Myth 10)  Merlot is Always Soft
Stereotypes about certain types of wine result in the unfortunate result of wine drinkers missing out on the certain nuances of specific wines. If you try one type of wine and do not find it to your liking, that does not mean that you should avoid all similar types of wine in the future. People tend to get caught up in the sort of wine that they disliked and won't take the risk with another version of it in the future. This causes people to miss out. Instead, be aware that not all types of wines are the same. The process that different wineries use is slightly different, so even wines that have the same "type" can be vastly different.

Merlot Grapes on the Vine
Merlot Grapes on the Vine

That Merlot is always soft, for example, is one such myth that is rendered completely inaccurate since the winemaking process results in many variations in taste and body. Stereotypes are there for a reason, but each year these traditional associations and expectations become increasingly untrue. For example, vinification – the process of fermentation – plays a substantial role in how a wine presents. As with all wines, of course, personal taste is also a huge factor in how a wine is interpreted.


Myth 9)  You Need a Wine Cellar
Some collectors and wine connoisseurs boast impressive, custom-made wine cellars. However, although beautiful, these are more for show than any practical purpose. Wine is delicate and though it requires particular conditions for storage, achieving those conditions is actually very simple. You don’t need an entire wine cellar to safeguard your wine, whether you have a significant collection of rare vintages or just a month’s worth of middle of the road wines for parties and gatherings.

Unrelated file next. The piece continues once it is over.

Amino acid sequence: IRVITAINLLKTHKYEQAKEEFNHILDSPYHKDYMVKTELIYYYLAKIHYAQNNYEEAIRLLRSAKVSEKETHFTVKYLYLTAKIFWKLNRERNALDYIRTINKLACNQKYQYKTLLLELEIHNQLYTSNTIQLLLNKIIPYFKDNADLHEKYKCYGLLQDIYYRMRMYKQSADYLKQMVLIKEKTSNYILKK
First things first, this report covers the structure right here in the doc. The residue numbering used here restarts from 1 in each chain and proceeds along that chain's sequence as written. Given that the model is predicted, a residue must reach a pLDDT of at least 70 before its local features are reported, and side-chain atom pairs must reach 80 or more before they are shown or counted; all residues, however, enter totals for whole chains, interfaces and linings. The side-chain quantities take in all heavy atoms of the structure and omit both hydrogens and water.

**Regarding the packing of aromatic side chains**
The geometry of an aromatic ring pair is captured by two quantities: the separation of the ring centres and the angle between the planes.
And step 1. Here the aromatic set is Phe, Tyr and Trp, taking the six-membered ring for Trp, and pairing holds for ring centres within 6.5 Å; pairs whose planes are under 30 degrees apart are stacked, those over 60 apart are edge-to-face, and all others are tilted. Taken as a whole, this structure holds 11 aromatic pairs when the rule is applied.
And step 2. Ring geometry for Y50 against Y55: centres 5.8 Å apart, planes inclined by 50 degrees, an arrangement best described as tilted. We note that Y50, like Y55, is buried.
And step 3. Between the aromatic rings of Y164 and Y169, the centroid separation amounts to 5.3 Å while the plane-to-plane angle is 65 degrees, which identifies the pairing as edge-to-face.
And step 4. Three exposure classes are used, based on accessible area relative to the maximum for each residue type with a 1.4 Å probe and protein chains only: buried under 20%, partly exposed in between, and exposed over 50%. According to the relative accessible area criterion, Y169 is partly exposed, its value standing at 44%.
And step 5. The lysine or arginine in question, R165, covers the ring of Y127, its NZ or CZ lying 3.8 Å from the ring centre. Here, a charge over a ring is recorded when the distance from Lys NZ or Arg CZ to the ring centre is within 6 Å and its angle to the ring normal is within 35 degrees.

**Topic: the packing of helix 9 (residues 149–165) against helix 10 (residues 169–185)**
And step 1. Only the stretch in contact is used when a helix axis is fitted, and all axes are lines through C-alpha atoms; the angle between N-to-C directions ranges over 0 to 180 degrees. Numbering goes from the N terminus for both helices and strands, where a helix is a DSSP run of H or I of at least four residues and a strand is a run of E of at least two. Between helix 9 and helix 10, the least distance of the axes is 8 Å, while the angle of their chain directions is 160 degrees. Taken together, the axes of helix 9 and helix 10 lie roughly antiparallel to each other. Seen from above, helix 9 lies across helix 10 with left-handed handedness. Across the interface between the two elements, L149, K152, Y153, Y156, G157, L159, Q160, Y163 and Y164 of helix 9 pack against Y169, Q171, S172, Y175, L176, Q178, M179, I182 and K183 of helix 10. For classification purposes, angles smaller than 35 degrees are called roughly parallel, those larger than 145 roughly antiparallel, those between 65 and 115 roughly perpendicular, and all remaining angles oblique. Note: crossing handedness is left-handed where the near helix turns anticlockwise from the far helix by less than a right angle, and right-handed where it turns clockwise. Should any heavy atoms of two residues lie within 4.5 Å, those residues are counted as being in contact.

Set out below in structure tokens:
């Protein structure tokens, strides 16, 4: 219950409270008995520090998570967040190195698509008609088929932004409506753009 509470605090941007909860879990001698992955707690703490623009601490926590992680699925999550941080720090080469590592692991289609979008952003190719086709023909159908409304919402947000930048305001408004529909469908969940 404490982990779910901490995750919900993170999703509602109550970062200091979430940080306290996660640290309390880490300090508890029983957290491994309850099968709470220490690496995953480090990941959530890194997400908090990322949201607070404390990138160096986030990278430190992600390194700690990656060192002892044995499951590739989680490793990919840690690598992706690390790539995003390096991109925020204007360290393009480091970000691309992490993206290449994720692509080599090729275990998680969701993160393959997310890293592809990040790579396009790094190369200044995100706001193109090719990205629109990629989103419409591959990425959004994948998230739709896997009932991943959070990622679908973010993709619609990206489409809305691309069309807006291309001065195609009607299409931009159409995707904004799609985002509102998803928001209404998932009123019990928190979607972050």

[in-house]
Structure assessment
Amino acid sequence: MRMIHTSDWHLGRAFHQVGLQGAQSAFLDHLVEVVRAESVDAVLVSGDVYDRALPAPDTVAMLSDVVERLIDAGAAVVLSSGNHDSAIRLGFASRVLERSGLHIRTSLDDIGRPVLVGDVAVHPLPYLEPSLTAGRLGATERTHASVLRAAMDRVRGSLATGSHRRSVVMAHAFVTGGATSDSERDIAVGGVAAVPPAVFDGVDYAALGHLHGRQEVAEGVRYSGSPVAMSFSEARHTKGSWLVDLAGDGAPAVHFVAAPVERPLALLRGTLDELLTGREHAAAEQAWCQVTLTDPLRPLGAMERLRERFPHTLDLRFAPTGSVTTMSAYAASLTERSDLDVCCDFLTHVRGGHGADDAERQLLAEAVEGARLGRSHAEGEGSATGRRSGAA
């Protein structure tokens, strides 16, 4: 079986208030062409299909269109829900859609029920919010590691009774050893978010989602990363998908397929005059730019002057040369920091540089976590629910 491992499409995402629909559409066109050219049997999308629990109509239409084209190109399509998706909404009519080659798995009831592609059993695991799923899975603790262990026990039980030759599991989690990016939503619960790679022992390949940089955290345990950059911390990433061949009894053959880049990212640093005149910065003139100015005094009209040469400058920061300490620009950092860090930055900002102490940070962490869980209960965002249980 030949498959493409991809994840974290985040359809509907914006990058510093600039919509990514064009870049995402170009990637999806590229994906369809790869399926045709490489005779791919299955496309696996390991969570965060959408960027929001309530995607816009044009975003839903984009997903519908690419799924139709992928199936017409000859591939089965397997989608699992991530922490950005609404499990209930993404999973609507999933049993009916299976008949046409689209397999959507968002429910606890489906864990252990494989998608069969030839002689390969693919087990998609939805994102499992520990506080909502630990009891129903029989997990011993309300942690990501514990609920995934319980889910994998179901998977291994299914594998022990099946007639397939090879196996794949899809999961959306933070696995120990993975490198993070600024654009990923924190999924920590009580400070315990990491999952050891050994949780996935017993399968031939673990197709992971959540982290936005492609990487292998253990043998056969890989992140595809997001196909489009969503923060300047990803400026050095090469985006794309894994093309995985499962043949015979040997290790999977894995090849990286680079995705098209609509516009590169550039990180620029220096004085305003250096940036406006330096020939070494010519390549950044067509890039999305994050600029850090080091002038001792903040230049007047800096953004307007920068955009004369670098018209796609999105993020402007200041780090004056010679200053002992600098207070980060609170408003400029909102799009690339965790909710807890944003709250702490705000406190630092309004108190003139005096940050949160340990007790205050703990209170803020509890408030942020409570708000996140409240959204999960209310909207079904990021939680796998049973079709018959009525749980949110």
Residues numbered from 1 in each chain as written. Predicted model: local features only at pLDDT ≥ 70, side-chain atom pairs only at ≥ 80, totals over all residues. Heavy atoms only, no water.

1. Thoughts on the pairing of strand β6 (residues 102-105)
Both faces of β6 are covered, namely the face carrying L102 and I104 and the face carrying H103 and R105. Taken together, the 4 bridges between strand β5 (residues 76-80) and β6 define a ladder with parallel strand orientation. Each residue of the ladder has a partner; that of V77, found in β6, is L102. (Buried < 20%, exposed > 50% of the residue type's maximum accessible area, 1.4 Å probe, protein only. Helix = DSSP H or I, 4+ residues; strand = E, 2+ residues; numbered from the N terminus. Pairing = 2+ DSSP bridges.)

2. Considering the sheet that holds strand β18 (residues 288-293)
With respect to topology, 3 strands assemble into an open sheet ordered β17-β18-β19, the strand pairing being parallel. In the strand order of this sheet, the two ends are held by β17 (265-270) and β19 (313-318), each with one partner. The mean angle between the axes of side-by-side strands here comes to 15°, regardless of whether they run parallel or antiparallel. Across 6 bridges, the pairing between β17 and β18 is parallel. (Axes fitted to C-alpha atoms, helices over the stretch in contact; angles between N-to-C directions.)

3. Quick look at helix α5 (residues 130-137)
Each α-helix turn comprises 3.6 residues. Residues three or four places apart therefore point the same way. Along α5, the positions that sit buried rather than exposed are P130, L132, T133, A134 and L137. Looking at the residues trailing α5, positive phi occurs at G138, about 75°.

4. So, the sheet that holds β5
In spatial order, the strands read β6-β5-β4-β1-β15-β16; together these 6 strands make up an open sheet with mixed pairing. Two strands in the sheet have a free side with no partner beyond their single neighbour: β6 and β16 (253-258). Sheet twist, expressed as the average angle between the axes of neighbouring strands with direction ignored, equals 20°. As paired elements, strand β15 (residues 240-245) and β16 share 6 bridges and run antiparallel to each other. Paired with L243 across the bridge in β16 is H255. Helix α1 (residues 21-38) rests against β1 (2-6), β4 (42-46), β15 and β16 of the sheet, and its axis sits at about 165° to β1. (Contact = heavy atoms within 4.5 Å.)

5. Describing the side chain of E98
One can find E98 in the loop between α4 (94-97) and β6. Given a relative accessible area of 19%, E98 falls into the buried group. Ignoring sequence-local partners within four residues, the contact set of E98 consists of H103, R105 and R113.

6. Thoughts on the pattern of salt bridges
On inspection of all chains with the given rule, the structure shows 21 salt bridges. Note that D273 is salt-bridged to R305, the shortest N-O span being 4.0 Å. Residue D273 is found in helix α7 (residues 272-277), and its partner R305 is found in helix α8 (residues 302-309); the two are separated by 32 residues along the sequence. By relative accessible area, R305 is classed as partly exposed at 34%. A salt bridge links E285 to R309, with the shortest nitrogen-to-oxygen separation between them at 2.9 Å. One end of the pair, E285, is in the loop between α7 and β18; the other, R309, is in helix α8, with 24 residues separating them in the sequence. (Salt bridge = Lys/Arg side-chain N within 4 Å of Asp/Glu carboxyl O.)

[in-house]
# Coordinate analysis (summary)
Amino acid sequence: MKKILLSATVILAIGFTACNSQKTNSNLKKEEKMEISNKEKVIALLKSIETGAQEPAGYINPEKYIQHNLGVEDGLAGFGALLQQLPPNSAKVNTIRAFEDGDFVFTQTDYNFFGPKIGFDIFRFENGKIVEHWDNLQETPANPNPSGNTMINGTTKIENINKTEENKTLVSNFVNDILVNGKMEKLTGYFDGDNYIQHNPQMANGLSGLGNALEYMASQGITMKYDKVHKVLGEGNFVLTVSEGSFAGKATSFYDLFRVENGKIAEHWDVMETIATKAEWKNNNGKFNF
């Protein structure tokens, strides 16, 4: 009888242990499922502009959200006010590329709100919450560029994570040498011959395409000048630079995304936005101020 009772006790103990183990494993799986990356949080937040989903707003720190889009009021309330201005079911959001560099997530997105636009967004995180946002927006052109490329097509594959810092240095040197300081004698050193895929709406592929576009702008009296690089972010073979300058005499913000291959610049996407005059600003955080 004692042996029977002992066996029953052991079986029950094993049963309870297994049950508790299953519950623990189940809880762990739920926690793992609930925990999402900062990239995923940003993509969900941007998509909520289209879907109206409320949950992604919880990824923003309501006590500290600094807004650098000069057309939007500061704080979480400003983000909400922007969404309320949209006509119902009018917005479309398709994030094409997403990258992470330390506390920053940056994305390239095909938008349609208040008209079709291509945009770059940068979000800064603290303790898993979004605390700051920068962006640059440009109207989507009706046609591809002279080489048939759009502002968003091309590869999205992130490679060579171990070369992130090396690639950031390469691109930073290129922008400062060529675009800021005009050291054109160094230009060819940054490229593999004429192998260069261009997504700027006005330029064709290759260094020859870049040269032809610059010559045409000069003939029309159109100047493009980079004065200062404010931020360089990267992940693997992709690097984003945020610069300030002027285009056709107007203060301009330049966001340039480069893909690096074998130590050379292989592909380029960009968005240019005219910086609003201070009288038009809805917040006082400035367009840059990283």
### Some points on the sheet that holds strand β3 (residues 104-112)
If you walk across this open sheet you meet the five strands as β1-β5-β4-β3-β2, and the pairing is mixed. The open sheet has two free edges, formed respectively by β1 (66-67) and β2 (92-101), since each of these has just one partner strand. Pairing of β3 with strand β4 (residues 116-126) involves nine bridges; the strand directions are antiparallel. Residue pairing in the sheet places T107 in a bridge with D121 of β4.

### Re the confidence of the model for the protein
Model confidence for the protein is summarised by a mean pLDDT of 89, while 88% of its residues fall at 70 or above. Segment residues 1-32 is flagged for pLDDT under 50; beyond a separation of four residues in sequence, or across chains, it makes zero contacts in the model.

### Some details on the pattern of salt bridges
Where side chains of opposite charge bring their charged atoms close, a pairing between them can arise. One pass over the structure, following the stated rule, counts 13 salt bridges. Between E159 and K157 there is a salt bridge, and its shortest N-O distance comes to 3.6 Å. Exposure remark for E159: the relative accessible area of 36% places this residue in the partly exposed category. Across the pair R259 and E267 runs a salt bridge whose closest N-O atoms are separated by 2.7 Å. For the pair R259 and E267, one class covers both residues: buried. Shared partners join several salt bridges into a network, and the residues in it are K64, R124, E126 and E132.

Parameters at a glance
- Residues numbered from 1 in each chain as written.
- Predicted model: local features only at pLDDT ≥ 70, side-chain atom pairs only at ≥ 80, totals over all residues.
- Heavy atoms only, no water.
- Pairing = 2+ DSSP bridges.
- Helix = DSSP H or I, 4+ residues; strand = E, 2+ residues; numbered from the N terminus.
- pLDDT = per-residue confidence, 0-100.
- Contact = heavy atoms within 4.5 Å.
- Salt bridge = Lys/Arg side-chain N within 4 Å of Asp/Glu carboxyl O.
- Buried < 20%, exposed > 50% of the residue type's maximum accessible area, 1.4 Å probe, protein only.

The most basic and essential components of choosing a place to store your wine is a space free of light, dramatic temperature fluctuations and vibration. Bottles should be stored on their sides, either in a rack or a box, to maintain their integrity. Wine racks that stand upright, or even attach to the wall, are relatively inexpensive to purchase and are a useful investment if you plan to store wine. These can be installed easily in a closet or other common secure, storage space.

An Elaborate, Expensive Wine Cellar
An Elaborate, Expensive Wine Cellar

Humidity is another aspect of environmental control that can affect the longevity of your wine collection. Wine cellars are often underground because the changes in humidity are less apparent than they are aboveground. This is also why it's not a good idea to keep your collection over your stove or kitchen sink, no matter what some catalogs might show you.